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Crossbows - Everything about Building, Modding, and Using your Crossbow Gear

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2 posters

    Medieval Metal Stuff - bolts, rivets, etc.

    stoneagebowyer
    stoneagebowyer
    Crossbow Junkie

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    Post by stoneagebowyer Tue Mar 27, 2012 8:28 am

    Hi, everyone.

    My continued thoughts into truly medieval construction techniques and materials has me now pondering screws and bolts. We tend to be pretty liberal in our use of screws and threaded rods in constructing medieval replicas and medieval-style replica crossbows, for lock plates, for bolt clips, and for lock and trigger components.

    My understanding is that the screw is a very ancient invention, but wasn’t much used up until the 18th century as a fastener (wine presses, for one thing), when machinery was developed that cut uniform screw threads that made them economically possible and abundant. And my reading on medieval and all the way back to Roman and Greek siege machinery and artillery shows that metal fasteners tended to be rivets for facing wooden components with iron plating, and other reinforcing in key areas of high stress.

    That seems to be true of the earlier crossbows, as well, such as the riveted reinforcement just behind the prod socket. But, did they ever use screws, and if so, were they all hand forged and cut by the bow makers? I have noticed that nails were used in some instances, such as for fastening down bone or ivory facings.

    Maybe Mac or Geezer may have some thoughts about hardware in general, and how it was crafted and used. Thanks in advance for any insights or thoughts into the Medieval Home Depot 

    Dane
    Geezer
    Geezer
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    Post by Geezer Tue Mar 27, 2012 1:35 pm

    Geezer here, concerning screws and rivets. Though bolts and screws do indeed go way-back, most of the medieval/renaissance crossbows I have seen were fastened almost exclusively with rivets. You do see some bolt-clips that fasten with screws. I use screws entirely for convenience: since I offer an open-ended guarantee on my bows, it makes very good sense to fasten all the bits so I can easily disassemble and repair stuff. But in fact, the reinforcing rod just behind the prod-socket is a rivet. The pins that hold lock-plates on are normally rivets. Trigger-pivot pins likewise... every bloody thing on medieval crossbows is riveted in place, 'cause it's strong and cheap.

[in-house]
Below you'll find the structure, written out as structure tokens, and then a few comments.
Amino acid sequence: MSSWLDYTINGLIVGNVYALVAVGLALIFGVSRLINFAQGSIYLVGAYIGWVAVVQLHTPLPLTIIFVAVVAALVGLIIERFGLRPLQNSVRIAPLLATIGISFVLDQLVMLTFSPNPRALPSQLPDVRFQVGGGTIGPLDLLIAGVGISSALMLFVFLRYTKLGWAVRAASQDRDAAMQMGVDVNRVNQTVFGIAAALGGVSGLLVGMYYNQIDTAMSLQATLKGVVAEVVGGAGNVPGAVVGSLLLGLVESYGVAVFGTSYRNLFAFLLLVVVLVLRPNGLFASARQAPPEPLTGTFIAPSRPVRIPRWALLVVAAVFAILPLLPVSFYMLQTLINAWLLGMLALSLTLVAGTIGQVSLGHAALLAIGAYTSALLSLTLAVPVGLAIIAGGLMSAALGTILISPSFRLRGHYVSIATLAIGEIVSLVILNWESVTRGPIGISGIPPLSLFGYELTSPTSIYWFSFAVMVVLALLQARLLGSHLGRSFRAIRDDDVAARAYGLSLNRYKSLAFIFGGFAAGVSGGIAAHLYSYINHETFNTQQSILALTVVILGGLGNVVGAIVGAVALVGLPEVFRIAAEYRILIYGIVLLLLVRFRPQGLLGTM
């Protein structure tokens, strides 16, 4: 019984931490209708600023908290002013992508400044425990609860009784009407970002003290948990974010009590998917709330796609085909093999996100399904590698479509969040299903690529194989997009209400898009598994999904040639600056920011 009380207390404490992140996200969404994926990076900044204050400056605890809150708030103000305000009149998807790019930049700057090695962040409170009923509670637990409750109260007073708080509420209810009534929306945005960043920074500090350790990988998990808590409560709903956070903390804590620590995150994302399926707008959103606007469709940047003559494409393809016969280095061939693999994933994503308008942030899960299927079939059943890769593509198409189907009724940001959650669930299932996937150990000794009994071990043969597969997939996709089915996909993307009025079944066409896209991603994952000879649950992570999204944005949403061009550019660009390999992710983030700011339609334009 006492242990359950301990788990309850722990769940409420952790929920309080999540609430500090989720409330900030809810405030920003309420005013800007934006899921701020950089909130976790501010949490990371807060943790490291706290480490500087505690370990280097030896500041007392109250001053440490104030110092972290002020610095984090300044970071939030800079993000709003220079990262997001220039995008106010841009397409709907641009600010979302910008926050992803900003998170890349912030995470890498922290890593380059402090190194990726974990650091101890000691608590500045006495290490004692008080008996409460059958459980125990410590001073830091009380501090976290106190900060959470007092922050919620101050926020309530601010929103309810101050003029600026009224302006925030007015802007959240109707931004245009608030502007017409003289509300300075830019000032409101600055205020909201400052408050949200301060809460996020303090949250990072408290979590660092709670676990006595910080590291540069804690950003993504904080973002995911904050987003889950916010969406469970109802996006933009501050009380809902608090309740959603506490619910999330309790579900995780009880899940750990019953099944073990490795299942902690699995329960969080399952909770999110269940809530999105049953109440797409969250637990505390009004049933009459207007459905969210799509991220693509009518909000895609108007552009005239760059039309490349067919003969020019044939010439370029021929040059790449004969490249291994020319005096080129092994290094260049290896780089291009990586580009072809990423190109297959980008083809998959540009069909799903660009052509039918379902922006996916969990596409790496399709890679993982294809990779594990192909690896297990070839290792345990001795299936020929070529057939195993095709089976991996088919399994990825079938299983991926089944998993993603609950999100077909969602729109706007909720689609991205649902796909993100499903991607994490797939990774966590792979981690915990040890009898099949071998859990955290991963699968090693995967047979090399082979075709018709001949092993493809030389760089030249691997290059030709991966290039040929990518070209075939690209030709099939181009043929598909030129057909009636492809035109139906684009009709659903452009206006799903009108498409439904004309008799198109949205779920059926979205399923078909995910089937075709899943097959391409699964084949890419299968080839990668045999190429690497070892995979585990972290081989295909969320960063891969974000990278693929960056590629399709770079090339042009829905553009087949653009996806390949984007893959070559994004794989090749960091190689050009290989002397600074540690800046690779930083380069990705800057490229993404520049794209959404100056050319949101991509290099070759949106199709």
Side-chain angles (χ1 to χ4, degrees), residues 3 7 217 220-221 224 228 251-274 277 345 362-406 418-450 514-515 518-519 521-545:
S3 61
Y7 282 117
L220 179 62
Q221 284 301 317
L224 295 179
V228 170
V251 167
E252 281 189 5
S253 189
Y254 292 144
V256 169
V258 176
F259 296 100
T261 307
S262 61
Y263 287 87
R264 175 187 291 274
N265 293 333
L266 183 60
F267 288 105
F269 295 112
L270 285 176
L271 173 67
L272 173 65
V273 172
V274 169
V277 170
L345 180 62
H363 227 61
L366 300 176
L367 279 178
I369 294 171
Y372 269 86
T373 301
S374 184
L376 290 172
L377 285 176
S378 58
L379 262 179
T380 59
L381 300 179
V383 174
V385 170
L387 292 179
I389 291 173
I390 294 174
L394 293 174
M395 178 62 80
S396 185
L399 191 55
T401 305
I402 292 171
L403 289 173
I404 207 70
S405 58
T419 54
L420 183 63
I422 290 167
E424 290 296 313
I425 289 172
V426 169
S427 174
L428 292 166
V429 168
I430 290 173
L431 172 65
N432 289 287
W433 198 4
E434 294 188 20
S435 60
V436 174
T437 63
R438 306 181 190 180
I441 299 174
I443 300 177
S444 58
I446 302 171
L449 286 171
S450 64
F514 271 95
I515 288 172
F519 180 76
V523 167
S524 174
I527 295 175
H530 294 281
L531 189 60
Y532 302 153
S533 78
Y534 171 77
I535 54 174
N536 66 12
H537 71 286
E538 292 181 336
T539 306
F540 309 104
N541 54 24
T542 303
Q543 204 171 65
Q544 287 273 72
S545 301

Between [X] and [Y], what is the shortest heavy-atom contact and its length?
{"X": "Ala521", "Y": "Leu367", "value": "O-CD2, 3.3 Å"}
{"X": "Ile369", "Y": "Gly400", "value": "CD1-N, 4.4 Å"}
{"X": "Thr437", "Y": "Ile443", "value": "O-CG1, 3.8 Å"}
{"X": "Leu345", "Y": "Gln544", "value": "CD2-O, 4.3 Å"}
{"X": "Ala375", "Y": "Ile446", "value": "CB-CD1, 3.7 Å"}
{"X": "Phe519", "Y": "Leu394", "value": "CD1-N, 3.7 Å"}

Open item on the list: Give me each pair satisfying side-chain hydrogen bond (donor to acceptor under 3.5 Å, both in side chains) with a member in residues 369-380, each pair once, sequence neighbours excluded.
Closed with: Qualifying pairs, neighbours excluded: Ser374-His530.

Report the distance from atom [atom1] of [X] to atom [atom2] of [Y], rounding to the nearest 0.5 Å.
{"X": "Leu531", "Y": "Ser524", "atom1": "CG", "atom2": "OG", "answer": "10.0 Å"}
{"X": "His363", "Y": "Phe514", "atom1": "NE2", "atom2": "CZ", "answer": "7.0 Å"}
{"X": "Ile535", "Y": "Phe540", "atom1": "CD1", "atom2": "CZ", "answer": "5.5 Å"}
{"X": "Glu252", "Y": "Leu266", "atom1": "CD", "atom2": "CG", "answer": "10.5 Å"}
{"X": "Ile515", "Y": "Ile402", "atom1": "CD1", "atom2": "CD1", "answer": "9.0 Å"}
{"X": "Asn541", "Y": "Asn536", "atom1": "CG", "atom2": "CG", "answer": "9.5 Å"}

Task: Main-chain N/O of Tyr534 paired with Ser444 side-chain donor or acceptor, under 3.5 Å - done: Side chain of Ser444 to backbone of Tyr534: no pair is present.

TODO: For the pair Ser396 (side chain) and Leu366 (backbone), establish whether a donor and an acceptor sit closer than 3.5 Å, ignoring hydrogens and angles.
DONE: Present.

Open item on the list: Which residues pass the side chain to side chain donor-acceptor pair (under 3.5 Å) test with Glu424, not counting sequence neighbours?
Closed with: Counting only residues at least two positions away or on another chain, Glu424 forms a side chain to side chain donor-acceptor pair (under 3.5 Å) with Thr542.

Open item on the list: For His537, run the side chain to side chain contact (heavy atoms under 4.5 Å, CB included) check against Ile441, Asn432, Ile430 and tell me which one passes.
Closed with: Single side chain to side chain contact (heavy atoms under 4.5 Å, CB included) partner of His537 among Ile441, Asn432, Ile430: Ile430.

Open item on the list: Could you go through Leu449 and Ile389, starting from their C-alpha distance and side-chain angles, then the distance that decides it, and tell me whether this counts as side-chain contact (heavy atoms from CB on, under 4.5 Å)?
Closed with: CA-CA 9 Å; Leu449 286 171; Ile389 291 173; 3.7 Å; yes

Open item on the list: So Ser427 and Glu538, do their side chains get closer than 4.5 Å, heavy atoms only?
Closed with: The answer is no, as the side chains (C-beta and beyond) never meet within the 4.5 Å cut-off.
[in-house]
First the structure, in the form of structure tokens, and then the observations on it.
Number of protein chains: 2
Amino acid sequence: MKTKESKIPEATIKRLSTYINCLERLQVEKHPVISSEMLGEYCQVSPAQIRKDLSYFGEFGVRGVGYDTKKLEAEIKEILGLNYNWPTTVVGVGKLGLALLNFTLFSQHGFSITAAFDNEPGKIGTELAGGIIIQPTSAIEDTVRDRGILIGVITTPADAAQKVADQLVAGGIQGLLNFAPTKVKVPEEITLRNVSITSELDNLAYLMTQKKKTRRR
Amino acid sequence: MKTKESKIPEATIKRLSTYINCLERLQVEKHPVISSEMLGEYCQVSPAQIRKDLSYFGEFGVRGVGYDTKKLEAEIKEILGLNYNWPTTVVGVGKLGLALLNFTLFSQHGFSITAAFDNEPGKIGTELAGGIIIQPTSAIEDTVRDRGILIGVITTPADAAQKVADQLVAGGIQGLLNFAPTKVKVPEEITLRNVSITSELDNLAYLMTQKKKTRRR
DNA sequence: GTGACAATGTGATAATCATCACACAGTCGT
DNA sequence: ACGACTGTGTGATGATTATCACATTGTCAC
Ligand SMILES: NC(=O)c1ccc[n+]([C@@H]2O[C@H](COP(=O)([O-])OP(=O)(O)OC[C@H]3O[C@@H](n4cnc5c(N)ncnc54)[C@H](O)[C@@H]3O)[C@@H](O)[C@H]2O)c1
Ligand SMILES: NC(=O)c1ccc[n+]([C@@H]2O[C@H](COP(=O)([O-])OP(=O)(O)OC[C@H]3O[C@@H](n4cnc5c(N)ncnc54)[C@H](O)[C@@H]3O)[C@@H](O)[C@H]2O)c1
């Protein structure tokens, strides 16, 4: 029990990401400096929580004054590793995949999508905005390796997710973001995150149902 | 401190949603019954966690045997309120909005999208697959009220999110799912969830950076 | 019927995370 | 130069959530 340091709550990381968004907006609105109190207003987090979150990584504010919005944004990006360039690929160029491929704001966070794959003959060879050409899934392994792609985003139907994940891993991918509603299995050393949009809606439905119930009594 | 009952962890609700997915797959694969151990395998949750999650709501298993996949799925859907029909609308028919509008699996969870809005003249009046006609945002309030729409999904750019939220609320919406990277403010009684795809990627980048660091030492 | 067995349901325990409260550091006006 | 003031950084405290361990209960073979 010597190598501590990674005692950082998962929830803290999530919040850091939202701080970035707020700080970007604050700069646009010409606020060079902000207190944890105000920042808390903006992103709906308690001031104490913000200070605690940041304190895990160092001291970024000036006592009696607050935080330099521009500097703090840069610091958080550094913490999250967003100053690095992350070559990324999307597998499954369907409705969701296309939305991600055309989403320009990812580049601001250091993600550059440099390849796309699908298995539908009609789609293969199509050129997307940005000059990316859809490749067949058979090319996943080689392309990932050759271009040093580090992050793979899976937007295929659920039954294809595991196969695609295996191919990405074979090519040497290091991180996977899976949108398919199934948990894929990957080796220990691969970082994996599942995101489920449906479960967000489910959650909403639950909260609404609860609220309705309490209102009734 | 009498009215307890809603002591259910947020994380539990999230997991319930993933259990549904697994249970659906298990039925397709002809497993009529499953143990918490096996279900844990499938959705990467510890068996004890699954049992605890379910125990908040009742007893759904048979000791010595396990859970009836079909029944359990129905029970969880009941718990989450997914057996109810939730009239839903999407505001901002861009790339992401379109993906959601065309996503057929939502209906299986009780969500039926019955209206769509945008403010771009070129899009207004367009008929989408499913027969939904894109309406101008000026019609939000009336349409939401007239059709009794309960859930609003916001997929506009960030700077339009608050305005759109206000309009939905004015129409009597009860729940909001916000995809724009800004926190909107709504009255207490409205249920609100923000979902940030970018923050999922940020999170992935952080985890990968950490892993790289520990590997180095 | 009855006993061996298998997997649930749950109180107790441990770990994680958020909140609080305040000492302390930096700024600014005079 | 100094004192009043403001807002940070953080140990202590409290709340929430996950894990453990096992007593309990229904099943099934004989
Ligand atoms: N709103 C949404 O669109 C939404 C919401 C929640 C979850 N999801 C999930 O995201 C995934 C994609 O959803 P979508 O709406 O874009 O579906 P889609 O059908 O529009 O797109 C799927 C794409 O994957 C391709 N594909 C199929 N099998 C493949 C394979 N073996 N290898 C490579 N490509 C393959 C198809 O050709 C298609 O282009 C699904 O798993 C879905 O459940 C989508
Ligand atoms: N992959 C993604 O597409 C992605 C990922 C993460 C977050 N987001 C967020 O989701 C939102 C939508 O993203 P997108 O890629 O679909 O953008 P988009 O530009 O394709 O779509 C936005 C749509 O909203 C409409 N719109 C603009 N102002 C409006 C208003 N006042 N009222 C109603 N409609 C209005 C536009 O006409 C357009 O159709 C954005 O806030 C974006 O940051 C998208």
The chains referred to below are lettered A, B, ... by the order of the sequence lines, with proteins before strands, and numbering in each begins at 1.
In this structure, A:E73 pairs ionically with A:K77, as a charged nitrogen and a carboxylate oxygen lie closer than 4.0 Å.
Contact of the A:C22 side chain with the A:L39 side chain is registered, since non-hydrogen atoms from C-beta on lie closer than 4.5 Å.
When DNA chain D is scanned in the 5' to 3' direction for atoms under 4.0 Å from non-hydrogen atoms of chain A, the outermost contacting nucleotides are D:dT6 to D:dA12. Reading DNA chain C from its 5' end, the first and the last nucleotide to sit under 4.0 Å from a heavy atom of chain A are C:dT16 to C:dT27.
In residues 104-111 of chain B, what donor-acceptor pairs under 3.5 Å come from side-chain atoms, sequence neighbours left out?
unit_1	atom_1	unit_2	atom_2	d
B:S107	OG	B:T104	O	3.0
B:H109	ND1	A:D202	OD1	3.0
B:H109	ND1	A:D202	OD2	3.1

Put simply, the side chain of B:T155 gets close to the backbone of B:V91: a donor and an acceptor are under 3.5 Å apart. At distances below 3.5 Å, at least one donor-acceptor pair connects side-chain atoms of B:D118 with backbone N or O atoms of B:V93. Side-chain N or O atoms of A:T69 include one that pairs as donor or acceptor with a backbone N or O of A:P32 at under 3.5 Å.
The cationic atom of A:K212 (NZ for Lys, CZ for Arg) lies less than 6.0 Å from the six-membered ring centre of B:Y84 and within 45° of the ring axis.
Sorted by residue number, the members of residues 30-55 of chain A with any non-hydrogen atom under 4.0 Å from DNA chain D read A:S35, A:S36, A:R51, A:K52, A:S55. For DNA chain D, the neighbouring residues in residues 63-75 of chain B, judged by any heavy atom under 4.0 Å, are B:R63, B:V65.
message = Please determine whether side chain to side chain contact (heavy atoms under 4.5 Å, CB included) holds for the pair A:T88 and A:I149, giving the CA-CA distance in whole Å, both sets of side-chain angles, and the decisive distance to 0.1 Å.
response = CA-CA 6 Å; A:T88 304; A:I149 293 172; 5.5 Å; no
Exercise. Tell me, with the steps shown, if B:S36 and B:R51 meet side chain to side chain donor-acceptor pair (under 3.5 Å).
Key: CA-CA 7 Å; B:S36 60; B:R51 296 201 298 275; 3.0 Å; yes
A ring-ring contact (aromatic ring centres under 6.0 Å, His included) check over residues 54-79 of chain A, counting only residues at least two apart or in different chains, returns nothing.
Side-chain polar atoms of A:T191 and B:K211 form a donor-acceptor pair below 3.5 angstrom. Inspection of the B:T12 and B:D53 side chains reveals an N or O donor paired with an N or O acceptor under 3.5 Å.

In fact, I had a long chat with my apprentice, Lightly, about going to smooth steel rod for trigger pins rather than the machine-screws I have used heretofore. Now that all my steel lockplates are inlet and cover the trigger-bolt, there's no real need to screw them in anyhow. Progress inches along at NWA!
    So yeah, if you want it done in period-style, use rivets. Darnit! Geezer
    stoneagebowyer
    stoneagebowyer
    Crossbow Junkie

    I live here!


    Crossbow JunkieI live here!

    Posts : 490
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    Post by stoneagebowyer Tue Mar 27, 2012 1:58 pm

    I thought so, just based on the really wonderful Crossbows in the Royal Netherlands Army Museum, a book I have found has a wealth of information, plus some indepth study of Roman technolgies and artillary. I wish there were more medieval and Renn. period crossbows, but lovely photos and data.

    I've done a lot of riveting using copper rivets for Roman war machines, but not steel rivits. Those would be hot formed? I think I have another learning curve to climb Smile Which is one of the great attractions of this crossbow making stuff.

    Thanks for the answer, sir.

    Dane

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